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Socrates

 

"If-Then" Tables Explained
Sans Doute

If there's one thing that causes students of philosophy to gnash there teeth and tear their hair, it's the "If-Then" Truth Table, or as the hot-shots call it, Material Implication. At first glance it looks simple:

Truth Table: If-Then Statements
A B A → B
TRUE TRUE TRUE
TRUE FALSE FALSE
FALSE TRUE TRUE
FALSE FALSE TRUE

This table has been used - whether knowingly or not - whether properly or not - for thousands of years.

After all, this table lets us analyze sentences like.

If George Washington was the First President of the United States, then he left office before Thomas Jefferson became President.

For instance, if we let:

GW was the First President of the United States A
GW left office before TJ became President B

... then we see immediately:

A ≡ TRUE
B ≡ TRUE

... and since:

A ≡ TRUE and B ≡ TRUE

... then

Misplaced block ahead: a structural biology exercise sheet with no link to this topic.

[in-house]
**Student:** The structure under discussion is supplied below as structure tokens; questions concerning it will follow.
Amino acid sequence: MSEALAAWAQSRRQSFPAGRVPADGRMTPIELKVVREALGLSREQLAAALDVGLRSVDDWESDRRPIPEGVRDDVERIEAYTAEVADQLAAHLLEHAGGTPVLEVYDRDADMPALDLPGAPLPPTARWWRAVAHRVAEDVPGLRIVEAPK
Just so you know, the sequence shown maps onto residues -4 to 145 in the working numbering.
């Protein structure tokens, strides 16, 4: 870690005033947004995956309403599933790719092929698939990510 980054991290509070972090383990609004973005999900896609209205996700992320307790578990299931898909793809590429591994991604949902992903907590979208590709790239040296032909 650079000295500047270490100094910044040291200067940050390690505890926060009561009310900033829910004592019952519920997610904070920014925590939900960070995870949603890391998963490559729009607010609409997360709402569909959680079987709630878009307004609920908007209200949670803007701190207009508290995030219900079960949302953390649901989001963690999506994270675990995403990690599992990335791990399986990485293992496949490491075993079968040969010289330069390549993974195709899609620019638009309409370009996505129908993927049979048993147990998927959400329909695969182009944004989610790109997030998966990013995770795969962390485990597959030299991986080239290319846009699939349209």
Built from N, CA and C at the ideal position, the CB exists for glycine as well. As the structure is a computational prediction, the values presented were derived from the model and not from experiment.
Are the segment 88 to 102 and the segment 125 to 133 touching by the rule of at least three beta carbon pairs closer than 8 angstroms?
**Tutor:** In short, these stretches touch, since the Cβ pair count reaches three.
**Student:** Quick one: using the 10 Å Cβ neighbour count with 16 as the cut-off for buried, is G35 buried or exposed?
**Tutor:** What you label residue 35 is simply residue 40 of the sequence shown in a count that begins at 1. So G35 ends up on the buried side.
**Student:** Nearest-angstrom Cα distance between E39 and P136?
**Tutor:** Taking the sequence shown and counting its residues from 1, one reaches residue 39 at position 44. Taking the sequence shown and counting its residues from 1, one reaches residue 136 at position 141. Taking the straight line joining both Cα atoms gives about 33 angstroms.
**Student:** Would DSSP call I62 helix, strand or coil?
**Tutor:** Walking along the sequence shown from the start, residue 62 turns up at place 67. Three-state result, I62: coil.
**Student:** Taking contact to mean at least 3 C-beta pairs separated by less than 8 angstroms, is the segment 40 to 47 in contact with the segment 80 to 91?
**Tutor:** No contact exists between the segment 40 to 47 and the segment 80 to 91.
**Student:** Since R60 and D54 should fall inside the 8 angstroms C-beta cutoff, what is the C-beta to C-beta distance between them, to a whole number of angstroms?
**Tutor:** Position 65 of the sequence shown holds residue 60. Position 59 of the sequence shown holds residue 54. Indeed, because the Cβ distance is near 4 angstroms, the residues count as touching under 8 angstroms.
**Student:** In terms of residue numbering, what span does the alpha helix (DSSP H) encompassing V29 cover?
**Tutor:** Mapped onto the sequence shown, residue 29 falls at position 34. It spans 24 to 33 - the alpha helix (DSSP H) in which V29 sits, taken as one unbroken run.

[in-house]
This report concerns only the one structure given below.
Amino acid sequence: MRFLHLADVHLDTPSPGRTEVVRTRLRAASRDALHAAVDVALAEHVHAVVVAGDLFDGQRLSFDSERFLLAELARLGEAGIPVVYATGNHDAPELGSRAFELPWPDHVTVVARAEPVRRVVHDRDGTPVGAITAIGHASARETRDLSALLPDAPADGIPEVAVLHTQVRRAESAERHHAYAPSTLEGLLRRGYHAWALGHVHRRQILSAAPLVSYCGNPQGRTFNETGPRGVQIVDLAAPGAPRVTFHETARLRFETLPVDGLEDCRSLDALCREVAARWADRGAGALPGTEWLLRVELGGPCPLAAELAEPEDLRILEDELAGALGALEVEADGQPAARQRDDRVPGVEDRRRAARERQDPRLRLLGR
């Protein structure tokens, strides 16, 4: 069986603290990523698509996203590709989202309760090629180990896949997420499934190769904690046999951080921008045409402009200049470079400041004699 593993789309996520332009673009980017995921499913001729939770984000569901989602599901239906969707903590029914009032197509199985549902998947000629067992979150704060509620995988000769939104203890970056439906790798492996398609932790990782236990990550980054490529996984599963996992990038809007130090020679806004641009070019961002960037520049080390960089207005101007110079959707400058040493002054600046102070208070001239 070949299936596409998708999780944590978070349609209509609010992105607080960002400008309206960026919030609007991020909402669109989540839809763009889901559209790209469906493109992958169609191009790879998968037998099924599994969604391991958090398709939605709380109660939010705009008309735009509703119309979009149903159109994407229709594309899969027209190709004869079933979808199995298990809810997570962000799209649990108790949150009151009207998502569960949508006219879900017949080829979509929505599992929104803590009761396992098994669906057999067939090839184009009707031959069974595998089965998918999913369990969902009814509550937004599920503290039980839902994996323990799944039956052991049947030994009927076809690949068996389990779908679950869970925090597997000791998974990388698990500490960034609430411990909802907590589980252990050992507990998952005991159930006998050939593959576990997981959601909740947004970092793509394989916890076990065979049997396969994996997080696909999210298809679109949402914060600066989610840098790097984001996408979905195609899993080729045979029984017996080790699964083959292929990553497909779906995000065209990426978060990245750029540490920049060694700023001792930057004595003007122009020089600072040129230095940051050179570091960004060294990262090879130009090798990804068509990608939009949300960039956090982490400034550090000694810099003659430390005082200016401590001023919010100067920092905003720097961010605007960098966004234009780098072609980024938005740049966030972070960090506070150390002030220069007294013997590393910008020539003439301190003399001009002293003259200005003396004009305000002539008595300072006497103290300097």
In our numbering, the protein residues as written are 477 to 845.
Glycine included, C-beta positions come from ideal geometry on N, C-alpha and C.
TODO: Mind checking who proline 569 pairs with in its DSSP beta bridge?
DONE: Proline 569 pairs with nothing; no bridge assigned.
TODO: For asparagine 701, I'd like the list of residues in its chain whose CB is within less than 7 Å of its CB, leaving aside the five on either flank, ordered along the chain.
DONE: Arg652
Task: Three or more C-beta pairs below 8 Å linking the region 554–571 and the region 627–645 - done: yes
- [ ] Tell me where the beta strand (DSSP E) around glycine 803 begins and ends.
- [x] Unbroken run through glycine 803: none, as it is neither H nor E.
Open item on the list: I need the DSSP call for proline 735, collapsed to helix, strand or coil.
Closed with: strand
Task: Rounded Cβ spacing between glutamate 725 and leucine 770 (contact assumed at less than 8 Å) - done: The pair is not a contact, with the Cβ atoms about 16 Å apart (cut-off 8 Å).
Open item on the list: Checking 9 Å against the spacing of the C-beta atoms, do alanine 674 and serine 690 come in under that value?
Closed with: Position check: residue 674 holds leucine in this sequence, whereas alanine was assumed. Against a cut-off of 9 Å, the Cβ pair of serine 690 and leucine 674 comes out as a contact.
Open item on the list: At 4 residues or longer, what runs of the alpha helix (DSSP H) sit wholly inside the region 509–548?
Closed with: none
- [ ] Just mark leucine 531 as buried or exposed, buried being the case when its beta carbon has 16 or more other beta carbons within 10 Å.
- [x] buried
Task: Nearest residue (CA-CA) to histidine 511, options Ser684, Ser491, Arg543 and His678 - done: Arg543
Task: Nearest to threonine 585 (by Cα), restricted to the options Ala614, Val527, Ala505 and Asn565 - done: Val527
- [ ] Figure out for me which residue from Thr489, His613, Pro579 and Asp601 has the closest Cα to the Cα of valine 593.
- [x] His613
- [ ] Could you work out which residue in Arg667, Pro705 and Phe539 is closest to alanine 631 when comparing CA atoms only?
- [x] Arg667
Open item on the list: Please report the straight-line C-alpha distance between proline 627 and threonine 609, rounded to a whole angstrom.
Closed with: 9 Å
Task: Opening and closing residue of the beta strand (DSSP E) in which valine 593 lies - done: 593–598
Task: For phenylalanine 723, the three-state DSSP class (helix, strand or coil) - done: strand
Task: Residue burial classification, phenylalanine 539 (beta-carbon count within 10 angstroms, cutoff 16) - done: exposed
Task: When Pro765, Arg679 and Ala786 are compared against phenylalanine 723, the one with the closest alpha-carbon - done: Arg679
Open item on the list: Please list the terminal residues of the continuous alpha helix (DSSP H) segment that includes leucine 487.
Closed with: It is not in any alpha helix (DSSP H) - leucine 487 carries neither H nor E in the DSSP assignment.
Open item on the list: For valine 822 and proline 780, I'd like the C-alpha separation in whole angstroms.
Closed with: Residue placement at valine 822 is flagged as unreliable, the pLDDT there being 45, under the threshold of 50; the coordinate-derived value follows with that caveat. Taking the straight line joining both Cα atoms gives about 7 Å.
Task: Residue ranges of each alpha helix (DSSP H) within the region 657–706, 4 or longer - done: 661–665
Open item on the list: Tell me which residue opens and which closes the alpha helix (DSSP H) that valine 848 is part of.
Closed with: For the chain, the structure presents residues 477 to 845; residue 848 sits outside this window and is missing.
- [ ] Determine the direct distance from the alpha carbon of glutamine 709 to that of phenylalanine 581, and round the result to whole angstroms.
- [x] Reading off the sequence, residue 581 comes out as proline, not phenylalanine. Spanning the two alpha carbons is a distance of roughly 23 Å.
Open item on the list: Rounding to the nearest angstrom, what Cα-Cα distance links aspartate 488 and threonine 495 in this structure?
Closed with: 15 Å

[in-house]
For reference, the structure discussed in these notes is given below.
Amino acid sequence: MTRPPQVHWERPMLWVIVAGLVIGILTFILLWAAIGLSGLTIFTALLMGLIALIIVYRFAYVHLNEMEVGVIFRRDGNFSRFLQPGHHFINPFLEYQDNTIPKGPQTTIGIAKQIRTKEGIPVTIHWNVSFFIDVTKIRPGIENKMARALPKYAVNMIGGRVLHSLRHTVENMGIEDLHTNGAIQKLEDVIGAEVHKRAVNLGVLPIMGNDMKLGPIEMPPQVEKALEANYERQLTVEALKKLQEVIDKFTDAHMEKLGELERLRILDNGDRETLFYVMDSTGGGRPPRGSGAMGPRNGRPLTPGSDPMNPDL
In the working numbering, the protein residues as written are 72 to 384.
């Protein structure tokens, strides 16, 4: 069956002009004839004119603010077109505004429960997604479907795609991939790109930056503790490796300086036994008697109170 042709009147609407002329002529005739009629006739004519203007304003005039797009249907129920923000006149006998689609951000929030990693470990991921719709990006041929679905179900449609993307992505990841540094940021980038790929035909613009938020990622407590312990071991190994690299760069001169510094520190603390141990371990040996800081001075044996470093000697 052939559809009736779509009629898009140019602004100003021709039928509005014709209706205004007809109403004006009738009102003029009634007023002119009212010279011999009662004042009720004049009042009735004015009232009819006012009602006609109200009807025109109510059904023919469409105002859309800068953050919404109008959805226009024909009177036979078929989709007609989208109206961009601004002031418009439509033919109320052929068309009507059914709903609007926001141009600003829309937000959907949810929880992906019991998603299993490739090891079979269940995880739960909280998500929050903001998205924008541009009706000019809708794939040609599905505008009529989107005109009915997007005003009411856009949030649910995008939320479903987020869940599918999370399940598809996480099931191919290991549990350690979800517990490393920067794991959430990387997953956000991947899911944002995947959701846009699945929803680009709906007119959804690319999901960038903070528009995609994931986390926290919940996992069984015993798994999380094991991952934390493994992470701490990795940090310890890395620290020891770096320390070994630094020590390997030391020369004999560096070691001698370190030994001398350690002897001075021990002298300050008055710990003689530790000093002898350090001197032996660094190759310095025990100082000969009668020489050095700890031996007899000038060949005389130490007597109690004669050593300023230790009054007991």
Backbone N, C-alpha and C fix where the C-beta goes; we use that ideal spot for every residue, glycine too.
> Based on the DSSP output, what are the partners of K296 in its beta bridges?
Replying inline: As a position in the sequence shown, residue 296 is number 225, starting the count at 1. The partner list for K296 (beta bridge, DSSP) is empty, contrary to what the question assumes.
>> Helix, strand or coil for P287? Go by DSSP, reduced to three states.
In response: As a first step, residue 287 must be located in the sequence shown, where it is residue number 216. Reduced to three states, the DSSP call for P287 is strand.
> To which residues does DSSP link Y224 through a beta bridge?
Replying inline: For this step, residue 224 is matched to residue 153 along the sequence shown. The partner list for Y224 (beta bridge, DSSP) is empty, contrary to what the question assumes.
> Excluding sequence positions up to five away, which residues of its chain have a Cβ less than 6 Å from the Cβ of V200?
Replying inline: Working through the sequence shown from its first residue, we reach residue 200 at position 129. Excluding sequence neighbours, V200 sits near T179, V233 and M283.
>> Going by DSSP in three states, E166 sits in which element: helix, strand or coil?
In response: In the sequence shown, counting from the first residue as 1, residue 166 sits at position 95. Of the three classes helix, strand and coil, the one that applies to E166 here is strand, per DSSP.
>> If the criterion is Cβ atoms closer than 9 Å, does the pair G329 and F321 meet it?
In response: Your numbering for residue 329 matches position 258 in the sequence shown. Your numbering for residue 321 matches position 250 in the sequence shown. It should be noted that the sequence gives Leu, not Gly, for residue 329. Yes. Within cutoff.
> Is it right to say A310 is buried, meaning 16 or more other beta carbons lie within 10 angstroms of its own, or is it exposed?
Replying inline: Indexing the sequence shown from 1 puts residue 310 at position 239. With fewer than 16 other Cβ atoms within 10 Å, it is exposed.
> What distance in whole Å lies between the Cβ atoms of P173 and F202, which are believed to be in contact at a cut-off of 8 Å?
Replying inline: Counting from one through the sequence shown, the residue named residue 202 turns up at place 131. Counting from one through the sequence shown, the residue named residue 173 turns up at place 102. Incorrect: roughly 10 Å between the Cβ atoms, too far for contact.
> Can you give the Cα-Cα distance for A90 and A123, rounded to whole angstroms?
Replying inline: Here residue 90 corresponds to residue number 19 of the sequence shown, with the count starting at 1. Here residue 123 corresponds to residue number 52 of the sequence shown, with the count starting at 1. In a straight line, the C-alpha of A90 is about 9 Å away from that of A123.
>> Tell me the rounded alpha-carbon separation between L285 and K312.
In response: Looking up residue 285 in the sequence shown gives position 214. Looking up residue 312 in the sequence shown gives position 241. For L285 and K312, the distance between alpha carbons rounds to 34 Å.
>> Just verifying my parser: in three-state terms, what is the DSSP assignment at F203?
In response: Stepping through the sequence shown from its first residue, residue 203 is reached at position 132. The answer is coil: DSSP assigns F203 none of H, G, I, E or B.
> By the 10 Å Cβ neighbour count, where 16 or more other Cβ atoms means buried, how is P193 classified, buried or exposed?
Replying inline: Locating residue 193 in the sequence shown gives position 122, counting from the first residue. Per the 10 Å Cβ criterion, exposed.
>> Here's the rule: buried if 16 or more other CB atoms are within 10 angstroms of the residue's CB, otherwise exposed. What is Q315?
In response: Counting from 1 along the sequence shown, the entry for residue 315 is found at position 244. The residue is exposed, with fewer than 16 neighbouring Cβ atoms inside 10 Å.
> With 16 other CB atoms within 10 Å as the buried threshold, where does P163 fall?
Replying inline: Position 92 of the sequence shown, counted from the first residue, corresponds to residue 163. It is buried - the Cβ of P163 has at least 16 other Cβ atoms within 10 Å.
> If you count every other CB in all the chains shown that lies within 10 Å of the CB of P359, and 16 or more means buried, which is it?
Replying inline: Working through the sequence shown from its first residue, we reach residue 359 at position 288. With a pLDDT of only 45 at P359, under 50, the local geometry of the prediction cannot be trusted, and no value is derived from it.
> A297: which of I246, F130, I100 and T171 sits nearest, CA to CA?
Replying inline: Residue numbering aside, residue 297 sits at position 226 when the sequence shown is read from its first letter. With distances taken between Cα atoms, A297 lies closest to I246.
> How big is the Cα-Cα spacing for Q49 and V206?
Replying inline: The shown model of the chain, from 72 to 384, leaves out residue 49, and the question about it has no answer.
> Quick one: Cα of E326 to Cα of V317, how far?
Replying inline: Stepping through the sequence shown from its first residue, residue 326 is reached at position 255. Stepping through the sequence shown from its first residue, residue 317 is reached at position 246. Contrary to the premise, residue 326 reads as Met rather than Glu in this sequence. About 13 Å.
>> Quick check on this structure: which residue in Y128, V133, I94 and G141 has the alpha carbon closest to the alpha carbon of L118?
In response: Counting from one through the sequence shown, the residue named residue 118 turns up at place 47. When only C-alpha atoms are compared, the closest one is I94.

A → B

... has assigned values:

TRUE → TRUE

... which according to the table is TRUE.

So we can be confident that the profound pronouncement:

If George Washington was the First President of the United States, then he left office before Thomas Jefferson became President.

... is TRUE.

So, what you ask querulously, is the problem?

Well, take a look at this statement.

If George Washington was the King of France, then C. S. Lewis joined the Barnum and Bailey Circus.

Here we see this is an "If-Then" statement where:

FALSE → FALSE

But look at the Truth Table! According to the table this statement is TRUE!

But hold on! Some of the greatest minds in history have used this table. And those that don't use it turn out to be weirdos, whackos, and oddballs. So we would you like to see why this Truth Table is indeed correct.

I thought you would, as Captain Mephisto said to Sydney Brand. And for a true Captain Mephistophilian explanation where you finally can say "I understand", just click here.